To scale up the tuning, TVM uses RPC Tracker to manage distributed devices. The RPC Tracker is a centralized master node. We can register all devices to the tracker. For example, if we have 10 phones, we can register all of them to the tracker, and run 10 measurements in parallel, accelerating the tuning process.

To start an RPC tracker, run this command on the host machine. The tracker is required during the whole tuning process, so we need to open a new terminal for this command:

python -m tvm.exec.rpc_tracker --host=0.0.0.0 --port=9190

The expected output is

INFO:RPCTracker:bind to 0.0.0.0:9190

Register devices to RPC Tracker

Now we can register our devices to the tracker. The first step is to build tvm runtime for the ARM devices.

  • For Linux: Follow this section Build TVM Runtime on Device to build tvm runtime on the device. Then register the device to tracker by

    python -m tvm.exec.rpc_server --tracker=[HOST_IP]:9190 --key=rk3399
    

    (replace [HOST_IP] with the IP address of your host machine)

  • For Android: Follow this readme page to install tvm rpc apk on the android device. Make sure you can pass the android rpc test. Then you have already registred your device. During tuning, you have to go to developer option and enable “Keep screen awake during changing” and charge your phone to make it stable.

After registering devices, we can confirm it by querying rpc_tracker

python -m tvm.exec.query_rpc_tracker --host=0.0.0.0 --port=9190

For example, if we have 2 Huawei mate10 pro, 11 Raspberry Pi 3B and 2 rk3399, the output can be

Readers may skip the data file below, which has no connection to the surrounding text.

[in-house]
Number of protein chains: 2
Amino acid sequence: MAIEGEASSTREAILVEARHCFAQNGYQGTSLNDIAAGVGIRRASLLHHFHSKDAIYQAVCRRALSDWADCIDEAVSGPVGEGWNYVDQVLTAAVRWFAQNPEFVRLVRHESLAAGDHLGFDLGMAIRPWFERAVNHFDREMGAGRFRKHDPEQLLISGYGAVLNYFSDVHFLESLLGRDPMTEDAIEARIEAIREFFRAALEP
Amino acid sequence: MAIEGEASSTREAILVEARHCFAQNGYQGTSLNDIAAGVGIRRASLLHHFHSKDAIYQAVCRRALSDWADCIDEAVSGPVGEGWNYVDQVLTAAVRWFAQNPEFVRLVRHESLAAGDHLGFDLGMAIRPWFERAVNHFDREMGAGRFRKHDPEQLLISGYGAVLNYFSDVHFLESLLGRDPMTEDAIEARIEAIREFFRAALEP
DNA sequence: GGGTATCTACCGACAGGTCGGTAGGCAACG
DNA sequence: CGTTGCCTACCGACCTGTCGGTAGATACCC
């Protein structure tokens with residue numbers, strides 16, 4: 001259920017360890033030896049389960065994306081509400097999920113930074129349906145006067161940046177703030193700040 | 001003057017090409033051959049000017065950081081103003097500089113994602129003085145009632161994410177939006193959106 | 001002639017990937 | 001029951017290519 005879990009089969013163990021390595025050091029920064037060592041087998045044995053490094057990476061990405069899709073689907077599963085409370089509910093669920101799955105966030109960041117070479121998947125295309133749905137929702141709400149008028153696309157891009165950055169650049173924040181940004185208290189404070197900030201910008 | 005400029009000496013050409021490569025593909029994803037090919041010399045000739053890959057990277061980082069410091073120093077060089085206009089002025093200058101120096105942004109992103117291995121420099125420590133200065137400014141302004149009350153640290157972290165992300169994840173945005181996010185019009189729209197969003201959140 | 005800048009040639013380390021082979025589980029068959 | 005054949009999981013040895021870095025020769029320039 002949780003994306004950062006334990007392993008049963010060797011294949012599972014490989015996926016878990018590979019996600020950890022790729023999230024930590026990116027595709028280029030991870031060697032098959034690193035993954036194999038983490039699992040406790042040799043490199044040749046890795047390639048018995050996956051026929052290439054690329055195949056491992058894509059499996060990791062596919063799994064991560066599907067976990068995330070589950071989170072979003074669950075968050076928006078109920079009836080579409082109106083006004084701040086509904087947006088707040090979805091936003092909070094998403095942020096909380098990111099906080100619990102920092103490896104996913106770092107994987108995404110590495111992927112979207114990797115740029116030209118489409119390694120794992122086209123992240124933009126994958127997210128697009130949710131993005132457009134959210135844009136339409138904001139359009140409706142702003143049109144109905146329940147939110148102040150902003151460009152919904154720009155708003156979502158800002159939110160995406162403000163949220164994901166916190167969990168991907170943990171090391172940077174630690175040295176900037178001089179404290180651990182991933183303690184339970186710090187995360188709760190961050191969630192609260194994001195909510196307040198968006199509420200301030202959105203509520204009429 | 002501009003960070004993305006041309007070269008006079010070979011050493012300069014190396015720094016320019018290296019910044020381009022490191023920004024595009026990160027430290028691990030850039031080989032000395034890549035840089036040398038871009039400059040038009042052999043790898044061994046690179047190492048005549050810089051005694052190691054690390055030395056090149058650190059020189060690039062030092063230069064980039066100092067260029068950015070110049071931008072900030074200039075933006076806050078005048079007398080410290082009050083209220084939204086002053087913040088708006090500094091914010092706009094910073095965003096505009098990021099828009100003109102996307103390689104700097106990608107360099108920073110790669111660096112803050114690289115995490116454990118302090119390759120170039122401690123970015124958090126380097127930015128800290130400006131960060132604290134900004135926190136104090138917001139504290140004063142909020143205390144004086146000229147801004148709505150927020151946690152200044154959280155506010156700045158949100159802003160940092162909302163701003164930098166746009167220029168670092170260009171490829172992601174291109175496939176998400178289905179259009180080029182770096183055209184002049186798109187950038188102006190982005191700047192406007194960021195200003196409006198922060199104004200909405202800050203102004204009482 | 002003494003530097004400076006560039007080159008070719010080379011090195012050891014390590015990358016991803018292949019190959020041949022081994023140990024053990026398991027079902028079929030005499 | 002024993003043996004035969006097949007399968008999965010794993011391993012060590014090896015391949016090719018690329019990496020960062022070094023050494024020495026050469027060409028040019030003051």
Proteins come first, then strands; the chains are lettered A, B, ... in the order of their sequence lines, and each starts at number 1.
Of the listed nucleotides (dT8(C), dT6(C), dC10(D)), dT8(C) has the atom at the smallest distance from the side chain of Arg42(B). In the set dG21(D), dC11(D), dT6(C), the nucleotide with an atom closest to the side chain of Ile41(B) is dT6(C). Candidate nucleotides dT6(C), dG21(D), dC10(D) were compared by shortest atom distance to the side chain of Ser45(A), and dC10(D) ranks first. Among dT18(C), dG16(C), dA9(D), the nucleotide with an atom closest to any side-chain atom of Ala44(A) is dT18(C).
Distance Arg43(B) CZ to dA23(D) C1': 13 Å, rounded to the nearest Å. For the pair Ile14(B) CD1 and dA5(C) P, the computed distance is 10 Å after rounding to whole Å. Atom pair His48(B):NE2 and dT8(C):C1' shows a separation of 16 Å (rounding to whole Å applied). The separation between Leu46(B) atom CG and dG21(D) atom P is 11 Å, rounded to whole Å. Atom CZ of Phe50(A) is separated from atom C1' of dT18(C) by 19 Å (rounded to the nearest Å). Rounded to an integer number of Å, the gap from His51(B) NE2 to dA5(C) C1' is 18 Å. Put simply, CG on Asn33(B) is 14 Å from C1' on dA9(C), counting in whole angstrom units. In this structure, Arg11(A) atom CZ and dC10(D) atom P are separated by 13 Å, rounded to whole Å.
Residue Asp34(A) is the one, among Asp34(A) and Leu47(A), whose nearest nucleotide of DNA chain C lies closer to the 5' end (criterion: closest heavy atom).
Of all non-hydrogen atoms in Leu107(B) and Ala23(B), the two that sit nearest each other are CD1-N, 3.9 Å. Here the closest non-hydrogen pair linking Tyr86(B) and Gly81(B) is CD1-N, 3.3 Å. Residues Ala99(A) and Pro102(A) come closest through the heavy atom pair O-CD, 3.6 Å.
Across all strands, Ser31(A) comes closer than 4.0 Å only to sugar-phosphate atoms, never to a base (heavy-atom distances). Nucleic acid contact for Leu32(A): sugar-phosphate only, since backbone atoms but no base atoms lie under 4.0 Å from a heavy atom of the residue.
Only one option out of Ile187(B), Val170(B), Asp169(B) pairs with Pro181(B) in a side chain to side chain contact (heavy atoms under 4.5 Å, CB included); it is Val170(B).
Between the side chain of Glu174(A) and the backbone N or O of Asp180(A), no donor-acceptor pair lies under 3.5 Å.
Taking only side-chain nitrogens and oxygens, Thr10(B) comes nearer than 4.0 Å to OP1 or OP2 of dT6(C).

Queue Status
----------------------------------
key          total  free  pending
----------------------------------
mate10pro    2      2     0
rk3399       2      2     0
rpi3b        11     11    0
----------------------------------

You can register multiple devices to the tracker to accelerate the measurement in tuning.

Set Tuning Options

Before tuning, we should apply some configurations. Here I use an RK3399 board as example. In your setting, you should modify the target and device_key accordingly. set use_android to True if you use android phone.

#### DEVICE CONFIG ####

target = tvm.target.create('opencl -device=mali')

# Replace "aarch64-linux-gnu" with the correct target of your board.
# This target host is used for cross compilation. You can query it by :code:`gcc -v` on your device.
target_host = 'llvm -target=aarch64-linux-gnu'

# Also replace this with the device key in your tracker
device_key = 'rk3399'

# Set this to True if you use android phone
use_android = False

#### TUNING OPTION ####
network = 'resnet-18'
log_file = "%s.%s.log" % (device_key, network)
dtype = 'float32'

tuning_option = {
    'log_filename': log_file,

    'tuner': 'xgb',
    'n_trial': 1000,
    'early_stopping': 450,

    'measure_option': autotvm.measure_option(
        builder=autotvm.LocalBuilder(
            build_func='ndk' if use_android else 'default'),
        runner=autotvm.RPCRunner(
            device_key, host='localhost', port=9190,
            number=10,
            timeout=5,
        ),
    ),
}

Note

How to set tuning options

In general, the default values provided here work well. If you have enough time budget, you can set n_trial, early_stopping larger, which makes the tuning run longer. If your device runs very slow or your conv2d operators have many GFLOPs, considering to set timeout larger.

Begin Tuning

Now we can extract tuning tasks from the network and begin tuning. Here, we provide a simple utility function to tune a list of tasks. This function is just an initial implementation which tunes them in sequential order. We will introduce a more sophisticated tuning scheduler in the future.